The book is for sale here, at the Marylebone store. The shop also stocks Moomin houses, boats and the Arabia collection of crockery. Outside of Finland, it’s the best collection of Moominabilia I’ve come across (and have nine mugs in the kitchen to prove it).
Online Text of the story (without illustrations)
I’m not a scientific guy. The physics questions on University Challenge make me feel nauseous and my continuing ignorance is only validated by the Oxfam models who answer them.
But, with the equator, I want to understand. One foot north of the equator, water empties anti-clockwise, one foot south it empties clockwise. Directly over, it goes straight down with nay a swirl in either direction. Standing on the equator, you can balance an egg on the end of a nail and you weigh considerably less.
The scientific cause of this is the Coriolis effect, which (as I understand it) is a deflection of air and is therefore potentially under the influence of local factors. I’ve tried it and seen both northern and southern hemispheres draining water the ‘wrong’ way. I’m also told that the equator is constantly on the move. In Ecuador, there is a town called Middle of the World which was built directly over the equator. The equator then left town.
I’ve seen these experiments performed on two continents with a bunch of the most sceptical people you could ever meet. If it was manipulation, it certainly wasn’t obvious. How easy is it to drain water without a swirl when it is liberally poured on high? Have you ever tried balancing an egg on a nail? Why, when weighing yourself on the equator are you lighter than a foot in either direction? The cake fans of the party were unconcerned with the science.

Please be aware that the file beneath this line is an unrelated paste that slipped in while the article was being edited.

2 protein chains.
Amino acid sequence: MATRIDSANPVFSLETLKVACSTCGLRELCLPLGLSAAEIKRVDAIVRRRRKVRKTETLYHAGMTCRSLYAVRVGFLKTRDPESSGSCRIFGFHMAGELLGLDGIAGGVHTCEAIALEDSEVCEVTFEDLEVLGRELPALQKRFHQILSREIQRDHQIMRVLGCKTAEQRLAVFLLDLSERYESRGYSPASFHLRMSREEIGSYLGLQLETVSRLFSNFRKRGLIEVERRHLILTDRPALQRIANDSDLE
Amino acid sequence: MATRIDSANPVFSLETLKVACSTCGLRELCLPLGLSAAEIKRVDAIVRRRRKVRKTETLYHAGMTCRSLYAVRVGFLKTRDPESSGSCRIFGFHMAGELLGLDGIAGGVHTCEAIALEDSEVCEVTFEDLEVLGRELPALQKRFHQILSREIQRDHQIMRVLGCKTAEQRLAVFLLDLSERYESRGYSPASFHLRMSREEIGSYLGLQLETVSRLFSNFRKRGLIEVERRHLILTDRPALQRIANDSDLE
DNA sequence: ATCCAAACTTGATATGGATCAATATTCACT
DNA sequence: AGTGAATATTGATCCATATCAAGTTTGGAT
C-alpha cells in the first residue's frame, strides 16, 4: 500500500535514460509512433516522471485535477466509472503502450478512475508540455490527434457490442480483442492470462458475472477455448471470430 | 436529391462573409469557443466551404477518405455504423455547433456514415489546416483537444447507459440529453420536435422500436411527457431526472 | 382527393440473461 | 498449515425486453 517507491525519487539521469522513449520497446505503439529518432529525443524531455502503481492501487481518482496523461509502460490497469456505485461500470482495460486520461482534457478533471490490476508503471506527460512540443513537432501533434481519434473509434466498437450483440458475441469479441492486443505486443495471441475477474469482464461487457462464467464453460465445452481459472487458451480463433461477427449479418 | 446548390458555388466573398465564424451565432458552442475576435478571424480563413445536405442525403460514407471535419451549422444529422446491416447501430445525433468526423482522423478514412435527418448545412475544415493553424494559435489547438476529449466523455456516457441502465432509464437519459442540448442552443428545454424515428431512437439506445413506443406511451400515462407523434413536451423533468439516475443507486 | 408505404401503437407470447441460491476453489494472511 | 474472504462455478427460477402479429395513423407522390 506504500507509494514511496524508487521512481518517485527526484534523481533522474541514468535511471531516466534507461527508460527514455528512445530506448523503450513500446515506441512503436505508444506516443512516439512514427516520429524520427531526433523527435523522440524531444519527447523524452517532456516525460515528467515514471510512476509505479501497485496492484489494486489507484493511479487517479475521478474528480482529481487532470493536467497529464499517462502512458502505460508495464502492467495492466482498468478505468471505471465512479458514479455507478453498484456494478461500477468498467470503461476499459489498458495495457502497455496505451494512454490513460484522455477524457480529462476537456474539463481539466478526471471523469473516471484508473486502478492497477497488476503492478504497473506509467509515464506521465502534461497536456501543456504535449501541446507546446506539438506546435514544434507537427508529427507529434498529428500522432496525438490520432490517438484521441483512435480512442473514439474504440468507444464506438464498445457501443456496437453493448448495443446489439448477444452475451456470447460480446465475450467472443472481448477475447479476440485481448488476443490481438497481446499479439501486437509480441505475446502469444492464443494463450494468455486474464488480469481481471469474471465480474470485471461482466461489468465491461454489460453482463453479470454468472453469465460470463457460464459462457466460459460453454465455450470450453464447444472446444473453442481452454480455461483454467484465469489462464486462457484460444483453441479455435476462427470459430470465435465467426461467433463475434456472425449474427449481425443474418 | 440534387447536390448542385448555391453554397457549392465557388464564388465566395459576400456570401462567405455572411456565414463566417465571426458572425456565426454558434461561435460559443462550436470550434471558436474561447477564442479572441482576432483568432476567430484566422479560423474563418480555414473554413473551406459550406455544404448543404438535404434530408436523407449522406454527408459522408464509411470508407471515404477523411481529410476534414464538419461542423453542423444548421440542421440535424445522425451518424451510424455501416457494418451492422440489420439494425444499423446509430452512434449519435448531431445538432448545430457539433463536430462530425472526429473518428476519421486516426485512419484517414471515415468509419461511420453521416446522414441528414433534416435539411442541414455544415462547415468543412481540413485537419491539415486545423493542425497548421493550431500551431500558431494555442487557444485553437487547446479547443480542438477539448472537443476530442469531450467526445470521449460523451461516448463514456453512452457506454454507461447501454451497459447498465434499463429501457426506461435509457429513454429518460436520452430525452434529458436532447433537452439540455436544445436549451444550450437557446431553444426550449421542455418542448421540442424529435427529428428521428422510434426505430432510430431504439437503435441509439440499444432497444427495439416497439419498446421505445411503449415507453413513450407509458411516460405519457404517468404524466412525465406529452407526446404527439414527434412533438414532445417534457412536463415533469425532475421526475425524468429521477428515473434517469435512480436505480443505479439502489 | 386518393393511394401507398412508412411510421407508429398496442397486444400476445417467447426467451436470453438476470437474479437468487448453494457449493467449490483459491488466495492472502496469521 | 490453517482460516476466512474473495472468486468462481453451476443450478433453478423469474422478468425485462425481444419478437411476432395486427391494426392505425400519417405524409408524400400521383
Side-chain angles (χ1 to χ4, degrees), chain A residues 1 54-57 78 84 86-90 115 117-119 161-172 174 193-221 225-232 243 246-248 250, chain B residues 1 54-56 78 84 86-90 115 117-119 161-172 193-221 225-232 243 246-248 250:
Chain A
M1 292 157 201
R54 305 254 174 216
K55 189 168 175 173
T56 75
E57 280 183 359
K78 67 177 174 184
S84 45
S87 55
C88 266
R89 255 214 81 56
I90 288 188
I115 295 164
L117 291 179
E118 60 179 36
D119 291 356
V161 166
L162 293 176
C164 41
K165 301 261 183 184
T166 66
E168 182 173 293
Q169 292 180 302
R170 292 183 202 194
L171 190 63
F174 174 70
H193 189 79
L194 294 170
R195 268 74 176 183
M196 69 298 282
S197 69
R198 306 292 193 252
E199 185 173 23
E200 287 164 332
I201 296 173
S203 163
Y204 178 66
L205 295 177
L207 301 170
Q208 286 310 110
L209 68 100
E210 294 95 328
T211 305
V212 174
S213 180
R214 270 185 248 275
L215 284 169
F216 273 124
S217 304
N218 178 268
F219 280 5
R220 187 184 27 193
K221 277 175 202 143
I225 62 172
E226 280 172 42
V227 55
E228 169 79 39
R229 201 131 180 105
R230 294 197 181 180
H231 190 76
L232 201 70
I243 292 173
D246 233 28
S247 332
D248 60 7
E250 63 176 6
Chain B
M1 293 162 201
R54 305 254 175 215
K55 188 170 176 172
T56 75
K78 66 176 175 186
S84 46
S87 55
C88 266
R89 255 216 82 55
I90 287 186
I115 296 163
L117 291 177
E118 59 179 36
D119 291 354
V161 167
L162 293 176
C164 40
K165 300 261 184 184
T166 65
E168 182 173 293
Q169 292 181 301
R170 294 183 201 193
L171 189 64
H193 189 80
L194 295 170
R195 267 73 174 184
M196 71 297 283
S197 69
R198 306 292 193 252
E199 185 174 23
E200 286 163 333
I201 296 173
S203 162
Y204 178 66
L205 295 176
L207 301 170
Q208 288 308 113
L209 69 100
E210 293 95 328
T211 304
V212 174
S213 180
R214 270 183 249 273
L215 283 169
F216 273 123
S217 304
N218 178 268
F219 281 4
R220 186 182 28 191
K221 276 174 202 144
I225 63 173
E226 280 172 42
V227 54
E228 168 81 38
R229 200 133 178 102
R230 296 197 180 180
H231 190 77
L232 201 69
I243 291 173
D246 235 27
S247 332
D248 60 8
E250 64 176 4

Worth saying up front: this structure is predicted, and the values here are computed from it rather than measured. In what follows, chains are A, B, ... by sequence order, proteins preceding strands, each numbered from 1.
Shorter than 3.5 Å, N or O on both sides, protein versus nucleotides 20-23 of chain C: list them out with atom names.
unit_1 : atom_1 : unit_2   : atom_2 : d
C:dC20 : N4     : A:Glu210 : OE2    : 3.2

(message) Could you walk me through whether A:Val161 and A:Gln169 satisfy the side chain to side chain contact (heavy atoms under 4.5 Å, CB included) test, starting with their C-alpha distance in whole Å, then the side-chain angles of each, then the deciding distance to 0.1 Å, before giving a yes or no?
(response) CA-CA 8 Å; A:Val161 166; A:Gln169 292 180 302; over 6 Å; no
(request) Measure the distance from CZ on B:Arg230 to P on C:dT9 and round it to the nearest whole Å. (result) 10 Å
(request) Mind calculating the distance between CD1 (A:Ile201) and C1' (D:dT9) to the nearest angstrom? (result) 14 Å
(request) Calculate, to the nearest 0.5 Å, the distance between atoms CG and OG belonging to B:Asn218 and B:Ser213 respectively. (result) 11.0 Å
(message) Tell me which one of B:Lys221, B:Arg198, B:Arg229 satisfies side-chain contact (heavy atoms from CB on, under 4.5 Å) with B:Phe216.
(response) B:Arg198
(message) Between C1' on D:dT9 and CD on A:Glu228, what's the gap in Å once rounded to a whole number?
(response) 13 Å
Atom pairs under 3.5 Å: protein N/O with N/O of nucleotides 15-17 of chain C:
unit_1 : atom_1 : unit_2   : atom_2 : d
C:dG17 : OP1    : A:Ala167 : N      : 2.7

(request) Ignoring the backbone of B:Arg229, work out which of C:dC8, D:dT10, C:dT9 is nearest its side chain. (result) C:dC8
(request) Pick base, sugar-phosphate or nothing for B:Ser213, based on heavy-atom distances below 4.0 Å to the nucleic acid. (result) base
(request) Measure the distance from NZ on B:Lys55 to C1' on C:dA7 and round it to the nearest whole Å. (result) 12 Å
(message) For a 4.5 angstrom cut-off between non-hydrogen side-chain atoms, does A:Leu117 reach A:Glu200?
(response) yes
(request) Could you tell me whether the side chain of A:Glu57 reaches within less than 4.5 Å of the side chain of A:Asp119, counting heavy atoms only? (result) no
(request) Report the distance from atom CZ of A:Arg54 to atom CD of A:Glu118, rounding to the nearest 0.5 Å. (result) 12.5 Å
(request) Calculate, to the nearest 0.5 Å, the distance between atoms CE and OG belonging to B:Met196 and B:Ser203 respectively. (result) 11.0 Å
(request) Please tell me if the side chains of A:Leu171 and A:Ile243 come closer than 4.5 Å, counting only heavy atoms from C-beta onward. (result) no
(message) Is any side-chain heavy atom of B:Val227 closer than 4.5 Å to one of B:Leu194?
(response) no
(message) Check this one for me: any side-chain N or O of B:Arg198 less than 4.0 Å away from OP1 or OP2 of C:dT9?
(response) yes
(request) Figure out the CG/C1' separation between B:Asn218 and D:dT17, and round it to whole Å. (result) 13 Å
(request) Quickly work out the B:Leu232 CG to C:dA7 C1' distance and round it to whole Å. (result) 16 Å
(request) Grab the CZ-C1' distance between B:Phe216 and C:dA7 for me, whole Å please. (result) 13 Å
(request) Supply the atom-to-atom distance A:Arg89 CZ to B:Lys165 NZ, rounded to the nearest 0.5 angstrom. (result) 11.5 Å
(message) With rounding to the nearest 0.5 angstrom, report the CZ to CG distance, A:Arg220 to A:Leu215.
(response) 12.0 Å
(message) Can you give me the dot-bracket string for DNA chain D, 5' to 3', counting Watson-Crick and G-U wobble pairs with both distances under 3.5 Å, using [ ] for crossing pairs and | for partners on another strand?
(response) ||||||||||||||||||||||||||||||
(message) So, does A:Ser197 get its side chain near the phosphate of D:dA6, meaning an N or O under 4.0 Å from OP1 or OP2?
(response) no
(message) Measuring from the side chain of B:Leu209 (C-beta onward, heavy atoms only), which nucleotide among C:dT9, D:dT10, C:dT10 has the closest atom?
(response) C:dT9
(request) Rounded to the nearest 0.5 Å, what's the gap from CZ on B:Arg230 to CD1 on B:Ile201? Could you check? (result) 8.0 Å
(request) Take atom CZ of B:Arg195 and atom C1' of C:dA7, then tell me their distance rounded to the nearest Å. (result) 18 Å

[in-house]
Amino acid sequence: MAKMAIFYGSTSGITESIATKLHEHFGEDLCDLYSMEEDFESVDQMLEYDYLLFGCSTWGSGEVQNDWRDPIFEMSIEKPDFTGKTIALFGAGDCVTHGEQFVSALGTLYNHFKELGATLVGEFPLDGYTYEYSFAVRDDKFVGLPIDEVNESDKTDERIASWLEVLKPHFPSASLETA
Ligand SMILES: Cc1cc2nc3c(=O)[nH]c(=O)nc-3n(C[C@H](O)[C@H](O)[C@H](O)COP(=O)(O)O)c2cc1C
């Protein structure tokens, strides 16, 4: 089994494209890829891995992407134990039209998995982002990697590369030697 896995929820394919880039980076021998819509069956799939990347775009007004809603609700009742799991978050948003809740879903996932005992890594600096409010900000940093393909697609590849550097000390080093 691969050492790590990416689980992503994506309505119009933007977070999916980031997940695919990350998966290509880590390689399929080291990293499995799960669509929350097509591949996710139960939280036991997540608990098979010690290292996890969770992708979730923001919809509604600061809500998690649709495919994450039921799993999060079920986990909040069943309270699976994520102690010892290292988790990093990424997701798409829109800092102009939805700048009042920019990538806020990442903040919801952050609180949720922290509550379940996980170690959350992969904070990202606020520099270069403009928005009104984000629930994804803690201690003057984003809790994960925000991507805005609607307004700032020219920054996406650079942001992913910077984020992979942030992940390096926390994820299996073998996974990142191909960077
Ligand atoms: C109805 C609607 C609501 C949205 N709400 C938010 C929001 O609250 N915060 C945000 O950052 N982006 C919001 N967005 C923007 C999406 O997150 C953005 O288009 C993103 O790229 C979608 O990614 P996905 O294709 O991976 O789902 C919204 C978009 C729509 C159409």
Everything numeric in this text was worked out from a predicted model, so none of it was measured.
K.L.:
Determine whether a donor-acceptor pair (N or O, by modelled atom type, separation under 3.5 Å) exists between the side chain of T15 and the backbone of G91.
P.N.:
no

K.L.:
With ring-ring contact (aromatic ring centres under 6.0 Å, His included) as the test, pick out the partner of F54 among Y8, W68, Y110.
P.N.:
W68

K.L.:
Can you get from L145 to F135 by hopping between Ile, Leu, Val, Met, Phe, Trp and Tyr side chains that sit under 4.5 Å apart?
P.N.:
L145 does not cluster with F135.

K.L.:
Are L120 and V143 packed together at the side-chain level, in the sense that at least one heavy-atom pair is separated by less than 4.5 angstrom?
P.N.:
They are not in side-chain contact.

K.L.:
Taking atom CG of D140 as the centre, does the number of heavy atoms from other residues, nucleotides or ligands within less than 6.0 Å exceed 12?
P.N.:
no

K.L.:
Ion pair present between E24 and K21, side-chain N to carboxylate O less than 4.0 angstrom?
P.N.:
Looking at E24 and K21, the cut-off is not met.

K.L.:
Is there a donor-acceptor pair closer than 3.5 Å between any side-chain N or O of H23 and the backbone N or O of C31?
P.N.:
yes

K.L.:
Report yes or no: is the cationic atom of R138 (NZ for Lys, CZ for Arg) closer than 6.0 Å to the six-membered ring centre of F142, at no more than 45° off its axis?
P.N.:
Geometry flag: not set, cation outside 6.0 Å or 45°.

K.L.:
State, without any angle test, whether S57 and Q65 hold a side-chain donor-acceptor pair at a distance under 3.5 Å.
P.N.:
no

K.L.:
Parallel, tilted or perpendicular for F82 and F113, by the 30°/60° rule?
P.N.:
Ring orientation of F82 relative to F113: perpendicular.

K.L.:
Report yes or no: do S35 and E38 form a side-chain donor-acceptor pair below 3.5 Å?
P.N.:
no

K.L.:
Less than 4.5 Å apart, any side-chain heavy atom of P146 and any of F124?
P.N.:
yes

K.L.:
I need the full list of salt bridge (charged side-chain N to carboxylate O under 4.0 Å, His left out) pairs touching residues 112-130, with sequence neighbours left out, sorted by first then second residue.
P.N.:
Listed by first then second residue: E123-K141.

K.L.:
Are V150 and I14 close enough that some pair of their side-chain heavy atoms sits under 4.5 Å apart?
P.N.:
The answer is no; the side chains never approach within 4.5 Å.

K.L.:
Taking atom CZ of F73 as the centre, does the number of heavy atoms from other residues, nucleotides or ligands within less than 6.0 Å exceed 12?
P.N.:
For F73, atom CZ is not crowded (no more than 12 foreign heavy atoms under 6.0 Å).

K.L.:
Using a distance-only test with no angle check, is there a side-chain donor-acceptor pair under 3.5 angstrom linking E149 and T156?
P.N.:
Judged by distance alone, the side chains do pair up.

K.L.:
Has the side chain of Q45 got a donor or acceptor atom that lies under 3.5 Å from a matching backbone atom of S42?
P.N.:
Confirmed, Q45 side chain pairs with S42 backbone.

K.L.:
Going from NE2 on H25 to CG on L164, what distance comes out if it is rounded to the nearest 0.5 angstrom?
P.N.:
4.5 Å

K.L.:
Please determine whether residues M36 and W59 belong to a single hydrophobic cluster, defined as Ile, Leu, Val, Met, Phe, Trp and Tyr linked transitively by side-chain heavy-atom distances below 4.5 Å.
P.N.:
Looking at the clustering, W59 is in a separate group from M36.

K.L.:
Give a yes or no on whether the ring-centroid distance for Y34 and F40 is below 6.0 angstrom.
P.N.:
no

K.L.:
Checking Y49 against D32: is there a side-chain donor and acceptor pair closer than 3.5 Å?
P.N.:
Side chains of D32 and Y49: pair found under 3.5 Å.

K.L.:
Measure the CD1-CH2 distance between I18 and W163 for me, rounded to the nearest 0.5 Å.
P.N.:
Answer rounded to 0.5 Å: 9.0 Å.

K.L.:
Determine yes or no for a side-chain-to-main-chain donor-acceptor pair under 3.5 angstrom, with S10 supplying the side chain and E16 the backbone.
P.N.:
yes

Garrincha – Biography by Ruy Castro
Alex Bellos’ book on Brazilian football (Futebol) contains a chapter on Garrincha (The Angel with Bent Legs). The source of the chapter lies in Ruy Castro’s biography, just issued in paperback and translated by Bellos himself.
Garrincha is no Pele. Where the latter had a business manager, a product endorsement programme and understanding of financial management, Garrincha stuffed the money he earned in his fruitbowl. When Pele and Garrincha played in the same Brazil team, they were never beaten. In Sweden 1958, on their way to world cup success, Garrincha also found the time to leave a little piece of himself in a local lady. Just one of an endless stream of illegitimate kids. He was married three times, put it about like a horny teenager and eventually drank himself to a shadow and died in poverty.
It’s frustrating to read about a South American footballer who played 40-50 years ago because the footage isn’t easy to dig out. I found a Brazil Legends DVD which contains some wonderful action of the man at the World Cup in Chile, four years later. He teases the defender, disguising the ball then sprinting down the wing without it. The defender gamely follows him, oblivious to the deception. Unsurprisingly Garrincha’s legs were well bruised. It must be tormenting for a defender, playing against a footballer who just loved beating him. Black and white showboating. Fortunately with first Pele and Vava, then Amarildo knocking the goals in, he could get away with it.
The amazing thing is this; he had one leg six centimetres shorter than the other and his legs were bent in an unnatural stance. He looks like he should topple over in the wind, but somehow he used it to his advantage and his balance and acceleration were everything that made him. It’s a brilliant 100 mph story and just when you think he’s kicked the booze and depression and is ready to get himself fit one last time, he kills his mother-in-law while drunk behind the wheel of his car.
Any recommendations for DVD footage or related articles most welcome.
Grassroots football nut Dave Boyle wrote an introblog on the Allianz Arena earlier this year. I visited last week to check he wasn’t making it up. The hosts were TSV Munich 1860 and they were playing Premiership favourites West Ham to mark the 40th anniversary of the Hammers first (er, only) European trophy.